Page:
An Evening With Microwave

A dispatch from the ATL alt-rock trio’s intimate hometown show and recent Shaky Knees appearance.

Music Features Microwave
An Evening With Microwave

Microwave doesn’t take the stage until midnight. When I arrive at the Earl on May 3rd, a restaurant in East Atlanta with an attached 300-person venue in the back, it’s only 8:30 PM The ATL-bred alt-rockers got here half an hour earlier for load-in to prepare for the opening night of their tour behind Let’s Start Degeneracy, their new album that came out just a couple of weeks ago. Once I text the band’s tour manager that I’m at the venue entrance, he opens the door to let me into the small, empty space that will soon be filled with eager Microwave fans.

Vocalist Nathan Hardy, drummer Timothy “Tito” Pittard and bassist Tyler Hill have been performing as Microwave for a while now; their debut album, Stovall, turns 10 in August, and their 2016 record Much Love is now considered an emo and pop-punk touchstone. But as soon as I walk in, the nerves are palpable. They confirm as much later, but even just watching them, you can tell it’s a high-stress environment. No one is sitting still. Band members and touring crew alike are frantically milling about, laser-focused on getting everything in order. After making some brief introductions with Hardy, Tito and Hill, I make my way to the green room to get settled and let the guys acclimate themselves and do whatever needs doing.

Come time for soundcheck at 9, I make my way back out into the main area. The trio is onstage—rounded out by touring guitarist Lucas Daniel Jones—and they rip through songs like “Bored of Being Sad,” “The Brakeman Has Resigned” and “Let’s Start Degeneracy,” the latter of which they’ll be performing live for the first time in three hours. Once they play through it, the sound technician asks how they felt about it. “I was pretty lost,” Hill admits. “I mean, it sounded good up here,” the technician responds. They run through it once more for confidence’s sake, and call soundcheck a wrap before heading back to the green room, where I follow closely behind.

Once we all settle into our respective chairs in the Earl’s small, loudly decorated green room, which features everything from a hair salon chair to stacks of merch boxes for tomorrow night’s All Them Witches show, Microwave ask where I’m from. I tell them I left Kansas City on an early flight that I woke up at 4:30 a.m. to make. We all marvel at how I’m still awake and functioning (barely), and Hill talks about a recent Microwave show opening for the Menzingers in Lawrence, Kansas, a college town 40 minutes outside of KC. Hill reminisces on some other venues around the area they’ve played at while Hardy jokes about doing a recent residency at a famous KC jazz club called the Green Lady Lounge. Hill asks me if I’ve ever been to Atlanta before, so I tell him I actually lived in Decatur, a suburb 20 minutes away, when I interned at Paste back in the summer of 2017. I even tried to get into an intimate Spoon show here at the Earl but was denied entry for being under 21.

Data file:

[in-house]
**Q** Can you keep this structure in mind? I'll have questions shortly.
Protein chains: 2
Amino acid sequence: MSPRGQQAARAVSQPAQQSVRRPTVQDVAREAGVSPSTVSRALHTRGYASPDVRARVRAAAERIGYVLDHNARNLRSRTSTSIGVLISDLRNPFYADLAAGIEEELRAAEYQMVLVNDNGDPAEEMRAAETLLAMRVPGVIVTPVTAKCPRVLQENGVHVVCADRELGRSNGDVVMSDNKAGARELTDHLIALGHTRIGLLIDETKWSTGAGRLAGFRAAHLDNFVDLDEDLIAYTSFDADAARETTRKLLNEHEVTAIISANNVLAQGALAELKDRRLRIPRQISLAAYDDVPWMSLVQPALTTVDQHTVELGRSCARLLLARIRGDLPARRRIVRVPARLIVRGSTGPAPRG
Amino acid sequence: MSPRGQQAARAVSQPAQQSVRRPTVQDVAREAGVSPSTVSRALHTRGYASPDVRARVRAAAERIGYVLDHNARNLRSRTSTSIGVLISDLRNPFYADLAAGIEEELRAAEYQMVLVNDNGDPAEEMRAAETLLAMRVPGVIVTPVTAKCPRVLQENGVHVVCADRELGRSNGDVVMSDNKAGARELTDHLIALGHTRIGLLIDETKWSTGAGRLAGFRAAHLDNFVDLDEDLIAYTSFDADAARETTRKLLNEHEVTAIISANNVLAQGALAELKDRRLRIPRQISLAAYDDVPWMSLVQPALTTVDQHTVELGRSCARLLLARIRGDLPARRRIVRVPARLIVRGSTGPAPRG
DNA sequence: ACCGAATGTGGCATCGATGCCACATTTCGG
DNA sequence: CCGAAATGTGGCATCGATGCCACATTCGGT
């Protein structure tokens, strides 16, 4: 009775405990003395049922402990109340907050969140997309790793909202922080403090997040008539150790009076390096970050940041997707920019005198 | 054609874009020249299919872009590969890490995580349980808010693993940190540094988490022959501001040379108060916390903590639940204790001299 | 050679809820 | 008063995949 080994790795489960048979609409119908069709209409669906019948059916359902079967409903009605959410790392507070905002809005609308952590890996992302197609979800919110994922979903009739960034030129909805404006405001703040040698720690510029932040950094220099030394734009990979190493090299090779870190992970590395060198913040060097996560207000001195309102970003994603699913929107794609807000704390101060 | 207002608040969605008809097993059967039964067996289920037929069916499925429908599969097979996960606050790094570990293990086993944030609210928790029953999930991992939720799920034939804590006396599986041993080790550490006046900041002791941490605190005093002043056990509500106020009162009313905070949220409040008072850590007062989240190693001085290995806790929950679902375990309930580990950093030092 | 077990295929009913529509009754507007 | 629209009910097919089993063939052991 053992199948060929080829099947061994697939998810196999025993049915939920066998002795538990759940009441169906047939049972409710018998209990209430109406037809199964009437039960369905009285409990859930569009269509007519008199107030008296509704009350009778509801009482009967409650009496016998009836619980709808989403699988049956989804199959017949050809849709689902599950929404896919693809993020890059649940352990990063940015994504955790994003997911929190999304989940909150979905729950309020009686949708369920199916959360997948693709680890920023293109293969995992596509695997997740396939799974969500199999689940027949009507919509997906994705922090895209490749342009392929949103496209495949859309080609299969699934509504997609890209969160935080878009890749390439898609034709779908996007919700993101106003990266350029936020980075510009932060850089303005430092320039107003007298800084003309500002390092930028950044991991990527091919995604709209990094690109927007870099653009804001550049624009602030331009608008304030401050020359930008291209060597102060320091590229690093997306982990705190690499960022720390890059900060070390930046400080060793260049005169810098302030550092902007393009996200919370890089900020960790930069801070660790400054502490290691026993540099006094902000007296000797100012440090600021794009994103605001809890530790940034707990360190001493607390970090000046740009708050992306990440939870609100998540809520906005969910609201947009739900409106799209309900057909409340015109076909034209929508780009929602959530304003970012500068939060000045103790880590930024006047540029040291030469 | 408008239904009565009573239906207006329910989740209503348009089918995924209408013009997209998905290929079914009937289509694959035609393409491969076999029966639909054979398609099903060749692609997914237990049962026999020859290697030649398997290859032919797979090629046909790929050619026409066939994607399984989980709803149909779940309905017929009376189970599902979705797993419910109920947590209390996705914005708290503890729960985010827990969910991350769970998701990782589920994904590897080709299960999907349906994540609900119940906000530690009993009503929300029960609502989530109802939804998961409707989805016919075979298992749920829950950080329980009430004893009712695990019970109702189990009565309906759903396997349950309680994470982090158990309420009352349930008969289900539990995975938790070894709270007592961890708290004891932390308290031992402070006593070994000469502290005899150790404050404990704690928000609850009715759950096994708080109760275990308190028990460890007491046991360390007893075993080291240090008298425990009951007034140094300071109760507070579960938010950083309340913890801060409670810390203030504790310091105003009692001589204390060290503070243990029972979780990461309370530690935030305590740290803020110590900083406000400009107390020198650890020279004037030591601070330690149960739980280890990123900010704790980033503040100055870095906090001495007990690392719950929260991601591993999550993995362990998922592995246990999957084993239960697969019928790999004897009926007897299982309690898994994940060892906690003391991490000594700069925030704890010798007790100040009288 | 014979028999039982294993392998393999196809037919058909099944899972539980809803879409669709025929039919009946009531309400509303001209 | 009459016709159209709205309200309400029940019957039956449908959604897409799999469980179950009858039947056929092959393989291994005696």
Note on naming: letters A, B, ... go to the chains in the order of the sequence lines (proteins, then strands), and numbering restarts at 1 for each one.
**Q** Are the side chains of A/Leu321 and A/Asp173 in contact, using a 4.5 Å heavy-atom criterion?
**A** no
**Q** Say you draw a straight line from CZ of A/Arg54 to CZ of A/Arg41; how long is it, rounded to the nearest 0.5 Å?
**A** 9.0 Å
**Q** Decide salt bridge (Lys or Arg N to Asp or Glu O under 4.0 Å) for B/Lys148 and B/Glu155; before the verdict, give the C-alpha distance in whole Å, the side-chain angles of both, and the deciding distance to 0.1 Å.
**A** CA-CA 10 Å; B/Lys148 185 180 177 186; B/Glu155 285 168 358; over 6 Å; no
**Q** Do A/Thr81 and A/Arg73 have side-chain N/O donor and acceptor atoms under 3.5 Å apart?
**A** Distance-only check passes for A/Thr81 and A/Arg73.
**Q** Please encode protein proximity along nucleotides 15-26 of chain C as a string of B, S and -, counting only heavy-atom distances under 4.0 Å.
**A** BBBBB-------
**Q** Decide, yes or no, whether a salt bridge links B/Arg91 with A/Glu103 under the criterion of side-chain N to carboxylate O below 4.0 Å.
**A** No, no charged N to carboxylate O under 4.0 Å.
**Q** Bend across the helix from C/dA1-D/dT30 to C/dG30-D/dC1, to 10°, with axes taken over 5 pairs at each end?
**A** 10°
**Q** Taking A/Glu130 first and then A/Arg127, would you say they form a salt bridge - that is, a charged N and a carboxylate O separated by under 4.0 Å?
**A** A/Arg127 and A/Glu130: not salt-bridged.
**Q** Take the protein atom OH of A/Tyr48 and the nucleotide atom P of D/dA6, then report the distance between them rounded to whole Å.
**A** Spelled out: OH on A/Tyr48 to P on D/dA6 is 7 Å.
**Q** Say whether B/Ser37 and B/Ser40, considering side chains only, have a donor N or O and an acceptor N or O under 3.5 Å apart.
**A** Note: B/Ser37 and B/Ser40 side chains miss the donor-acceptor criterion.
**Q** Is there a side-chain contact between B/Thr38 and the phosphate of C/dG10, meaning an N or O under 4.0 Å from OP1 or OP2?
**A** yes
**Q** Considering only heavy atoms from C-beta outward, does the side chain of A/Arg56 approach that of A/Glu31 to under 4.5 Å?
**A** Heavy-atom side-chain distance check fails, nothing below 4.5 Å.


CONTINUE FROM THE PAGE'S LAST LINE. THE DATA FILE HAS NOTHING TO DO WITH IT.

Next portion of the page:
None of them have played a show at the Earl before as Microwave. They’ve definitely outgrown the venue’s paltry capacity, but it’s a special occasion. Tomorrow, they’ll make their debut at Shaky Knees, an alternative music festival in Atlanta’s Central Park—which features headliners Noah Kahan, Weezer and Foo Fighters—that has since become a staple of the greater festival season. Tonight is billed as one of the fest’s late-night shows, but it’s as much a celebration of their inaugural Shaky Knees set as it is of Let’s Start Degeneracy’s release. A close friend of the band swings by before showtime to drop off a cake with the album title drawn out in red frosting. From the end of soundcheck to the start of Microwave’s set, countless friends and family members wade through the hallway behind the curtain and into the green room to spend some time with the guys.

To be more specific, 50 of the 300 people in attendance are on the guest list. Hardy says the Earl sold the other 250 tickets in roughly a half-hour. They all want to hang out on the patio behind the venue, but the staff told them that there were too many people for that and closed it off. The last time they headlined in their hometown, it was a sold-out show at the Masquerade’s 1,000-cap venue, Heaven. Some family members drove 90 minutes to make it to tonight’s gig, and Hill beams with a mix of gratitude and pride as he tells me this.

Adrenaline has reached a fever pitch as their tour manager stops in to give the band a 30-minute warning until showtime. Chatting with one of the friends, Hardy addresses his concerns that the late-night crowd won’t have a lot of energy. His friend quickly assuages those worries: “You’re the only band. They’re here to see YOU!” At this point, the venue is now swarming with passionate Microwave fans, and most of the band’s friends have adjourned from the green room to join the crowd. Hardy moves a chair aside to do some hip stretches on the floor next to me. Right above him are a bunch of old drum heads that previous performers have signed. As their tour manager makes his way back into the room to get some signatures from all the band members for a drum head they’ll sell at the merch table, Hardy gestures to the ones above. “We could sell those,” he quips. “They’re valuable!”